The AFC South is terrible. Horrible. It’s a terrible, horrible, no good, very bad division. The Indianapolis Colts are in first place with a 6-7 record, solely based on the fact that three of those six victories have come from within the division. The division, mind you, that has a collective 20-32 record with a total net points of, and this is not a typo, -217 on the season.

The Colts, after Sunday’s disastrous loss to the Jacksonville Jaguars, have a -81 net points and are still winning the division.

There are only three teams in football—San Francisco (-127), Cleveland (-117) and San Diego (-84)—with a lower point differential than the team in first place in the AFC South. Writers and fans have mocked the NFC East all season long for how terrible that division is, and even that division has a better record and higher net points than the AFC South.

Tennessee Titans v Houston Texans

The Houston Texans had a chance to take hold of the division with a win over the New England Patriots on Sunday night, but failed to keep pace with Tom Brady and the Pats, falling 27-6 at home in prime time. As if anyone expected a victory.

The Texans have one of the best receivers in the game this year in DeAndre Hopkins, and J.J. Watt is still widely recognized as the best player on the defensive side of the ball in the sport (note: Khalil Mack is on line two), but Houston doesn’t have much else. They certainly don’t have a quarterback.

Speaking of quarterbacks, the Colts could get better once Andrew Luck returns from a lacerated kidney. They could (really, they could), but the chances of Indianapolis even having meaningful games left to play by the time he comes back are dwindling. This is a headline on the Colts’ website on Monday: Injuries To Andrew Luck, Matt Hasselbeck Complicate Availability For Colts Quarterbacks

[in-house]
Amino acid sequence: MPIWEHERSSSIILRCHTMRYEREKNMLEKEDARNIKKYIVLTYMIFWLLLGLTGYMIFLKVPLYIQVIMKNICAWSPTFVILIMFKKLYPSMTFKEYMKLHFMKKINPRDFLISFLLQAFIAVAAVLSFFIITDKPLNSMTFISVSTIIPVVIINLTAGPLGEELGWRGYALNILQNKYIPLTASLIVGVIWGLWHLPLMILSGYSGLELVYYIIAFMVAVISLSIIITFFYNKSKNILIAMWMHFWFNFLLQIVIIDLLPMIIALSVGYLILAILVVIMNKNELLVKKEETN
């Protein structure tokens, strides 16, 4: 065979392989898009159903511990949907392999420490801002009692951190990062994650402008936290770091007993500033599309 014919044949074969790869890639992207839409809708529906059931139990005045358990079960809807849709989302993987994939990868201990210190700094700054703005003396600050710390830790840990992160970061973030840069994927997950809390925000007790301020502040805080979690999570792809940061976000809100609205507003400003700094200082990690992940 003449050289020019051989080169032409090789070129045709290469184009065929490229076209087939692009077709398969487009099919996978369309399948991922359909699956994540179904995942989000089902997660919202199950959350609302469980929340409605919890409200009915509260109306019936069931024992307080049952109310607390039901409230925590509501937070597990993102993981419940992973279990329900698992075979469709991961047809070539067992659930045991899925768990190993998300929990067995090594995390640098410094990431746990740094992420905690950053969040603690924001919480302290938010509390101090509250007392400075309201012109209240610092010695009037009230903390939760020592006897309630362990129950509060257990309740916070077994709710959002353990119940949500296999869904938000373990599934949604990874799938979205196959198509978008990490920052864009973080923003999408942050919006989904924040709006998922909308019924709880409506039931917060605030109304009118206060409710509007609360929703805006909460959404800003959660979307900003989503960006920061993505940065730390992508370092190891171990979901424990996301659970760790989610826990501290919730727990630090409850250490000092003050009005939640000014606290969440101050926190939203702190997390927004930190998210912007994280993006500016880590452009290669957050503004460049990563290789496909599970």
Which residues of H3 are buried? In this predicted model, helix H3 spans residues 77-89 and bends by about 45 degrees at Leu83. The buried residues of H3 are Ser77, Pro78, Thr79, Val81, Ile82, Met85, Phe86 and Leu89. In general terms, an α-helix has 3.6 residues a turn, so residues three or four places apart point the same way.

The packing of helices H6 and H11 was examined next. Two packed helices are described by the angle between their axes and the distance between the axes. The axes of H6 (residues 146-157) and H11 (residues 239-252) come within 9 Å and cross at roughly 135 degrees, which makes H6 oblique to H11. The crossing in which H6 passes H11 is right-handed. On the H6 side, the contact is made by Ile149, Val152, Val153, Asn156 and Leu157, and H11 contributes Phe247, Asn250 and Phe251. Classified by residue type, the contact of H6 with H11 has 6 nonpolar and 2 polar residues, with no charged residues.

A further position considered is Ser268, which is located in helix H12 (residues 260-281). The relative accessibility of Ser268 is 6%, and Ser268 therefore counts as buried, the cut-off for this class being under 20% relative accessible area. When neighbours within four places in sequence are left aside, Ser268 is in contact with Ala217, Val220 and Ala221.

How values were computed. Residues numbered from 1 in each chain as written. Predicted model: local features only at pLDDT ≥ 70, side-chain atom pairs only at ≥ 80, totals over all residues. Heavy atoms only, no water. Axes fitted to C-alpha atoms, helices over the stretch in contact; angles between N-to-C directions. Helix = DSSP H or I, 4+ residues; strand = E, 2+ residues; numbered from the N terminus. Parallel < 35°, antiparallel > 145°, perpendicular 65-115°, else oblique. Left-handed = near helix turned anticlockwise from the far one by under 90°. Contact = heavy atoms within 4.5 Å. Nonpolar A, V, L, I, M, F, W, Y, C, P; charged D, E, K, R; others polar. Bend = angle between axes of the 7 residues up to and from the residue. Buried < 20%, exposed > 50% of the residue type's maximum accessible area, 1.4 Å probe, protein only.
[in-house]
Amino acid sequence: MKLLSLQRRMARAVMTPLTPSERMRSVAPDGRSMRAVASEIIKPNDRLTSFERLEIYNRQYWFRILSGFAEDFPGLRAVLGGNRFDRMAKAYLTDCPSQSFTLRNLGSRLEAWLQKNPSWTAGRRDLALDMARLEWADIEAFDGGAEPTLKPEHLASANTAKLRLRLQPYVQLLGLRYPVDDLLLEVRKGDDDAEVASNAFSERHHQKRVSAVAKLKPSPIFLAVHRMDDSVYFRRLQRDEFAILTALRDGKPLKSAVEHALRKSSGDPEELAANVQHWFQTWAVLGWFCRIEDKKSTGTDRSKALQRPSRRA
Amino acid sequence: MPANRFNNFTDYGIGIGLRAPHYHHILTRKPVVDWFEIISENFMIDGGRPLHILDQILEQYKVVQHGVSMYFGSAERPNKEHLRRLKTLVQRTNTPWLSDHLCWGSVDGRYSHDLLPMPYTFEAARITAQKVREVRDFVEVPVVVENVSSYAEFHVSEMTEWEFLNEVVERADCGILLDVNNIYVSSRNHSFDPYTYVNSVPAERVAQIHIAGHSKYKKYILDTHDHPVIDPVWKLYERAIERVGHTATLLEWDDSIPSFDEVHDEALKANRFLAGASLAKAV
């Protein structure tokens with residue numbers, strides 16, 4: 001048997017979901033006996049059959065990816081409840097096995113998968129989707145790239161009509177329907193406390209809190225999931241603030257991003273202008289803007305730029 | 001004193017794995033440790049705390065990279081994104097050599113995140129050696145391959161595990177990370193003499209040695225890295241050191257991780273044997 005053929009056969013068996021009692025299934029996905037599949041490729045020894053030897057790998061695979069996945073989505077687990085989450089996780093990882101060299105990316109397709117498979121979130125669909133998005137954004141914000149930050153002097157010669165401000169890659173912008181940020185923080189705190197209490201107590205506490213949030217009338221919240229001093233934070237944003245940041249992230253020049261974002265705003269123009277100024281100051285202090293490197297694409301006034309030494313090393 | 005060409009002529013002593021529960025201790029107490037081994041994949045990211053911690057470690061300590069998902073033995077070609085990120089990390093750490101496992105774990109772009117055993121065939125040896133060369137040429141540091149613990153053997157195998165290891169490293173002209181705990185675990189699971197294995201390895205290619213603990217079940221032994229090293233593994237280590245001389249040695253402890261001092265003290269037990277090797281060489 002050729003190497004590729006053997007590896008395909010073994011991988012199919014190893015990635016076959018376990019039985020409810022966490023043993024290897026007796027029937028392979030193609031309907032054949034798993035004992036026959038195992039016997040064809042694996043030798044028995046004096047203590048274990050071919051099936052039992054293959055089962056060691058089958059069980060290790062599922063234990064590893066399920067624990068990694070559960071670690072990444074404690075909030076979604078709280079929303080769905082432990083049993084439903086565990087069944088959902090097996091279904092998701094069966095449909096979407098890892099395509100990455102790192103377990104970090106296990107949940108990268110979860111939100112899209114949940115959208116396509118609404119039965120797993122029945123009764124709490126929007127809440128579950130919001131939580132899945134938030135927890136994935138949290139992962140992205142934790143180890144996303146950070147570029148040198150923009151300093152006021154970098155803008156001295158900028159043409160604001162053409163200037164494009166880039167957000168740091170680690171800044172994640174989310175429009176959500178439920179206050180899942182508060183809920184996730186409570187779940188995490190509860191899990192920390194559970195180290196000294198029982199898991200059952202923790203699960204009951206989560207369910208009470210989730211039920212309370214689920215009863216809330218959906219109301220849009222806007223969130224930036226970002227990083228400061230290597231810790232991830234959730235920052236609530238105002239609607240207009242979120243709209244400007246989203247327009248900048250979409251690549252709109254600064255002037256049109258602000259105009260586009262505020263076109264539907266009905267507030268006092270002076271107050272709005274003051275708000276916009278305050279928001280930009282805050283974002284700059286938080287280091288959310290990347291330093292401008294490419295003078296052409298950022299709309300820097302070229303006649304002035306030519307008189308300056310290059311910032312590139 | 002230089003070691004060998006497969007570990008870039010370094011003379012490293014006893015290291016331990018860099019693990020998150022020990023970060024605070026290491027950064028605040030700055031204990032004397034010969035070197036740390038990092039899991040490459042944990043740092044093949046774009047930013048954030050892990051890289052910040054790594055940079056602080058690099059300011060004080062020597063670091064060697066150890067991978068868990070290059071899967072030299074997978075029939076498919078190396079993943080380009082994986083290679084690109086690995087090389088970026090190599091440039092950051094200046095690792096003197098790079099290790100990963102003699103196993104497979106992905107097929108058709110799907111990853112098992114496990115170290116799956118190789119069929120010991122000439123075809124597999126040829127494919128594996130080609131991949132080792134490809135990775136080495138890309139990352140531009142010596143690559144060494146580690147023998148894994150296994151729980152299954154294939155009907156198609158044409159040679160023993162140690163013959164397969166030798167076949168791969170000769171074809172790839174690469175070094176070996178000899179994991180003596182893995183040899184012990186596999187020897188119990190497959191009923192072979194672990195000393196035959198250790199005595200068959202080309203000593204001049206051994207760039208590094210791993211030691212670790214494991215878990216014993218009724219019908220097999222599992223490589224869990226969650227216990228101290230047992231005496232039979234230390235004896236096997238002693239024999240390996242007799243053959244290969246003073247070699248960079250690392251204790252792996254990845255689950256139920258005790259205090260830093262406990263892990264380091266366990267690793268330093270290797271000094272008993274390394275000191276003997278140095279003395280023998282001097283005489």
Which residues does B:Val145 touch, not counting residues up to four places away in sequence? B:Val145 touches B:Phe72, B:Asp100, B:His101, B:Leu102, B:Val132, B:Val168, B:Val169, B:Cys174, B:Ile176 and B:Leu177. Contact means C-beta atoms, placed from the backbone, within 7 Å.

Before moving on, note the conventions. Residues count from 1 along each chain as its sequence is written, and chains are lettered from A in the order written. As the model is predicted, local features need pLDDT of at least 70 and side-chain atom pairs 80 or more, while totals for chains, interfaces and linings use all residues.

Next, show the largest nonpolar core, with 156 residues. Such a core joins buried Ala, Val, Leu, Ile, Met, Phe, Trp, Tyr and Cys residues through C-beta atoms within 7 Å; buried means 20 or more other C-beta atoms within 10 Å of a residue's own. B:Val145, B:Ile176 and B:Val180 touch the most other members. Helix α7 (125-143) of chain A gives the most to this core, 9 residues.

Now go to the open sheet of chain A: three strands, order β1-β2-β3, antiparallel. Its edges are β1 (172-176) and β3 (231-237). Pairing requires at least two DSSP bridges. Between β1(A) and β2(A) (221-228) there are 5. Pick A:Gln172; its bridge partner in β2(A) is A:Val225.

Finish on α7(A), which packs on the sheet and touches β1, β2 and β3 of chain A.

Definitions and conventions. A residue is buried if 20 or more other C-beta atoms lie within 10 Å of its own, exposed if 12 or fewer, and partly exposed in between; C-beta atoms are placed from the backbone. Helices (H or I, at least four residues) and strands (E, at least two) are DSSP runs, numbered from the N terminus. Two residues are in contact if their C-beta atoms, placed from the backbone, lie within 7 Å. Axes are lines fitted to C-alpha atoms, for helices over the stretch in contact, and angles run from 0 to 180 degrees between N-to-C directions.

Here’s the first line. Read this. Read it twice if you have to.

In the Colts most important game of the 2015 season, Charlie Whitehurst could be the starting quarterback.

Charlie Whitehurst. Did you even know he was still in the league? Even when Luck comes back, the Colts have proven they are barely good enough to compete in their own division on the defensive side, especially after getting throttled by Jacksonville 51-16 this Sunday. Can Luck play linebacker? The Colts are 29th in the league in points against and 29th in yards allowed per game. With or without Luck, how is that a playoff team?

Is Houston?

The reality is, and who could believe this would be the case in mid-December, the 5-8 Jaguars are probably the best team in the division.

Tennessee has Marcus Mariota and three wins, so in a few years we can talk about that team some more, but the Jacksonville Jaguars and Blake Bortles look like the best team in the AFC South after this weekend’s victory. And, yes, they’re three games under .500, 1-5 on the road and 2-3 in the division.

Oh, and the Jaguars rode a two-game losing streak to horrible teams—San Diego and Tennessee—into this resounding win over the Colts on Sunday. Let’s not forget that.